Needed – A New Type of E&P Business Leadership

I have been suggesting—and the data are painfully clear—that business decision making in asset development and execution has not been very good. But who are these “business people” who are responsible and accountable for delivering reserves and producing barrels as promised? In far too many organizations, that question has no clear answer.

In most E&P companies, there is no single person responsible for and accountable for delivering profitable barrels. No wonder, then, that we often do not display deep functional cooperation within our own companies to get best asset development value; with no single person accountable and no incentive, there is no one who can facilitate deep cross-functional integration. Reservoir engineers blame projects, projects blame wells, wells blame reservoirs, and then we move on to the next development. We have been quick to change on the technical side, but very slow to change on the organizational and people side.

Our organizations need to be built to fit the needs of today’s developments, not vice versa. Integration, interface management, and timely flow of information across functions need to be at the core of how we structure our project delivery systems. Ultimately, our organizations must recognize the problem that E&P asset delivery takes a great deal of cross functional work and cooperation and it is not being delivered!

Success will require new kinds of business leaders who will be accountable and responsible for delivering profitable barrels and not just achieving first oil or gas—that is, value over volume. This business leader will need to have an understanding of all the broad aspects of asset development and will take on the role of “chief integrator” of business and project team functions, of different and diverse personnel skill sets, and of delivering cross-functional deliverables. If business leaders with these skills do not exist now, they will have to be made available through training and development. Additionally, the industry needs more active and engaged business leaders who are willing to face the risks and deal with the stakeholder pushback accompanying a more value-driven approach to asset development over speed to first oil. E&P operators, the service sector, SPE, and academia will all have to play a role in shifting our thinking from just projects, which often means facilities, to asset and delivery of profitable barrels.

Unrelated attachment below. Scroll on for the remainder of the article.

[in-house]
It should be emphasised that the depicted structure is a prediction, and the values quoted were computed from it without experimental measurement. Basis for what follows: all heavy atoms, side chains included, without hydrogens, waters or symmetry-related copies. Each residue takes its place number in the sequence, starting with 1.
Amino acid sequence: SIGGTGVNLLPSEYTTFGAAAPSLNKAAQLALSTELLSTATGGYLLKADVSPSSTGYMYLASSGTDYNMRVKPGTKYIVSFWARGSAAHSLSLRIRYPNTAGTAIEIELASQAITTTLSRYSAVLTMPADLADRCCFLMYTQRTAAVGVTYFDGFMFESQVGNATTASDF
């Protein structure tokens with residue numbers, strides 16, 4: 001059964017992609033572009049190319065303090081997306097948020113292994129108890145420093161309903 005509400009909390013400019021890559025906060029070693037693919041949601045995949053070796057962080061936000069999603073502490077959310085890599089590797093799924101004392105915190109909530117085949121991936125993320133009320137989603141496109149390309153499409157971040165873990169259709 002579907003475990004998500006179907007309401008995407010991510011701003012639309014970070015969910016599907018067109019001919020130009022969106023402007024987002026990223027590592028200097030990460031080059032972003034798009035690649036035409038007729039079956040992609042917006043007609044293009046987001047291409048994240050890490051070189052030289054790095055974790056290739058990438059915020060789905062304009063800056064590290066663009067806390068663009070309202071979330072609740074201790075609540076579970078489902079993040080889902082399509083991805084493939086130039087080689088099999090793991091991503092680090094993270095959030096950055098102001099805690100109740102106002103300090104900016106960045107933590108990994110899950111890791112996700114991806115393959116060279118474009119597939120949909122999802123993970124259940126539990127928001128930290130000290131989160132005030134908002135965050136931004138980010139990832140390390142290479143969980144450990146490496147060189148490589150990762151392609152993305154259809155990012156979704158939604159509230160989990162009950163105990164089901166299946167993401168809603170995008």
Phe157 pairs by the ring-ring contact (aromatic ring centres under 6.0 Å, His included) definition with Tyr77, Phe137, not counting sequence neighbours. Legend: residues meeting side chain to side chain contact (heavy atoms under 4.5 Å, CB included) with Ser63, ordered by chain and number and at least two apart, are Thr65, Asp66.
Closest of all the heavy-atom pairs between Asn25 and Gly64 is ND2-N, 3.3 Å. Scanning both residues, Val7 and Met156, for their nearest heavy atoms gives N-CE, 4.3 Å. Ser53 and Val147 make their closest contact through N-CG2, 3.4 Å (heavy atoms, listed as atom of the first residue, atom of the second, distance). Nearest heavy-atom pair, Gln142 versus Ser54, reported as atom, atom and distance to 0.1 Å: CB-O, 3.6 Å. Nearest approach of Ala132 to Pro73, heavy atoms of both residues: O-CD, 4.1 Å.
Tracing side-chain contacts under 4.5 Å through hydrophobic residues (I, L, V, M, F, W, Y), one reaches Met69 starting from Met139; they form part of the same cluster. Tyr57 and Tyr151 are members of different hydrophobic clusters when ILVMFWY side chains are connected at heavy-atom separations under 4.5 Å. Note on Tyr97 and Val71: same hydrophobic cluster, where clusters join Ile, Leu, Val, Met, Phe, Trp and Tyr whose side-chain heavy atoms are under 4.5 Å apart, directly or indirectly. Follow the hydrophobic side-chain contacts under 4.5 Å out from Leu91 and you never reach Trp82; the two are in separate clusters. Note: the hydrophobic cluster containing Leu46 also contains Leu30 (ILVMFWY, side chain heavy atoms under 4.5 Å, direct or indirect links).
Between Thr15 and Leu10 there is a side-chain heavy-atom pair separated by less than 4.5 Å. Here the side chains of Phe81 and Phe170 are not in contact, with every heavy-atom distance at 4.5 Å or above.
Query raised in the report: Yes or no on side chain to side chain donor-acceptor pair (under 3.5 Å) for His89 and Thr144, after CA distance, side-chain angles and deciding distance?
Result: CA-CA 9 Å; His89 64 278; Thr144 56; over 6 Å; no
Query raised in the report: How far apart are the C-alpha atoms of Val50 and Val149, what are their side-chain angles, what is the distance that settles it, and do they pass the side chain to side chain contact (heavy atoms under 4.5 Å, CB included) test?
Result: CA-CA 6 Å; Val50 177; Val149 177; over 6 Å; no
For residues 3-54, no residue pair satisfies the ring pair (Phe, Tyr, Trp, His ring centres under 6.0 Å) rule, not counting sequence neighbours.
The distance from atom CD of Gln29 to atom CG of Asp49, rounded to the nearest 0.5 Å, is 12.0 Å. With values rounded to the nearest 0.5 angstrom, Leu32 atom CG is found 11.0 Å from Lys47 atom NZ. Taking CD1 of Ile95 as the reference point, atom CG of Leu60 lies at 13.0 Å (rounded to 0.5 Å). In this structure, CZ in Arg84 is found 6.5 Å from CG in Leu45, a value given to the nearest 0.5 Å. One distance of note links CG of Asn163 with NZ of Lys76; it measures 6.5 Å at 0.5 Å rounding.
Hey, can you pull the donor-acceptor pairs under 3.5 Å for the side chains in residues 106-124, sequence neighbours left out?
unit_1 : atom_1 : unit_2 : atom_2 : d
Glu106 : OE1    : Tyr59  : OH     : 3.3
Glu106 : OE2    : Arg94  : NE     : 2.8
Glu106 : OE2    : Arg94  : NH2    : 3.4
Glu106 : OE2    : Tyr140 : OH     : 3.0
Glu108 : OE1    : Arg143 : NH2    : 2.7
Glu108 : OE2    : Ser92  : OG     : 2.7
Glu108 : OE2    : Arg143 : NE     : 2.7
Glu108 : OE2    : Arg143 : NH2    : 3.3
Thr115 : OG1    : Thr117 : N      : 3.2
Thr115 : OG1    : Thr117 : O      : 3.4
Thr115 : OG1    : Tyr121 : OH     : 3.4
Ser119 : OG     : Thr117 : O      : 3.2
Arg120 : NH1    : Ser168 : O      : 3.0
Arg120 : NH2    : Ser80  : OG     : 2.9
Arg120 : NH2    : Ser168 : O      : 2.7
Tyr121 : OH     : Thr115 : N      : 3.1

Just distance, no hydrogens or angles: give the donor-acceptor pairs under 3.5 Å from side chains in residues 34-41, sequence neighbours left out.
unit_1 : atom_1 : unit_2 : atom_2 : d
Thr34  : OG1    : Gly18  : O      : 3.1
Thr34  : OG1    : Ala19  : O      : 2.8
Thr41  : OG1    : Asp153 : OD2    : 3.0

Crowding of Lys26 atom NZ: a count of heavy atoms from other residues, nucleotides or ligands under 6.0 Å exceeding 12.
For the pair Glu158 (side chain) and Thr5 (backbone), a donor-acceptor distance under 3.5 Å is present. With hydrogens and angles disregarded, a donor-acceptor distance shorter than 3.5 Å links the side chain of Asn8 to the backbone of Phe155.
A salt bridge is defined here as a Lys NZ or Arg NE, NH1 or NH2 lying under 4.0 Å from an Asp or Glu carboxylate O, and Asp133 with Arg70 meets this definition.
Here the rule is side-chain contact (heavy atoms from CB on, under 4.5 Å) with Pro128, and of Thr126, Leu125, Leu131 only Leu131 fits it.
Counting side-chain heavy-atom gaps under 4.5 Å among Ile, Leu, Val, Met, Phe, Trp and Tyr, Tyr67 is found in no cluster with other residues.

Ponder the following question: Would the E&P industry perform better if business and asset leaders were held accountable with rewards tied to production performance 2 to 3 years after startup? The historical record makes the case to at least debate this issue. The reasons against such changes are many: multiple stakeholders are involved, understanding reservoir performance takes time and is an art, we are still making money, so on and so forth. My guess is that the influence of these reasons on our outcomes is much smaller than the root cause, meaning that our project development and execution model is unsuitable for contemporary projects.

The stakes are too high for companies that are unable or unwilling to change. In fact, undisciplined project portfolio management and the cost of delivery are likely to put some companies out of business. Our experience working with a few of the operators who have embraced the new realities suggest that these challenges can be overcome as long as there is strong and the right kind of business support. Of those that remain, only companies with adequately shaped opportunities, lean portfolios, and a project development model designed around the flow of information will be successful. Only the fittest will survive!


Originally published in the October 2014 issue of the Journal of Petroleum Technology. Reprinted on IPAGlobal.com with permission.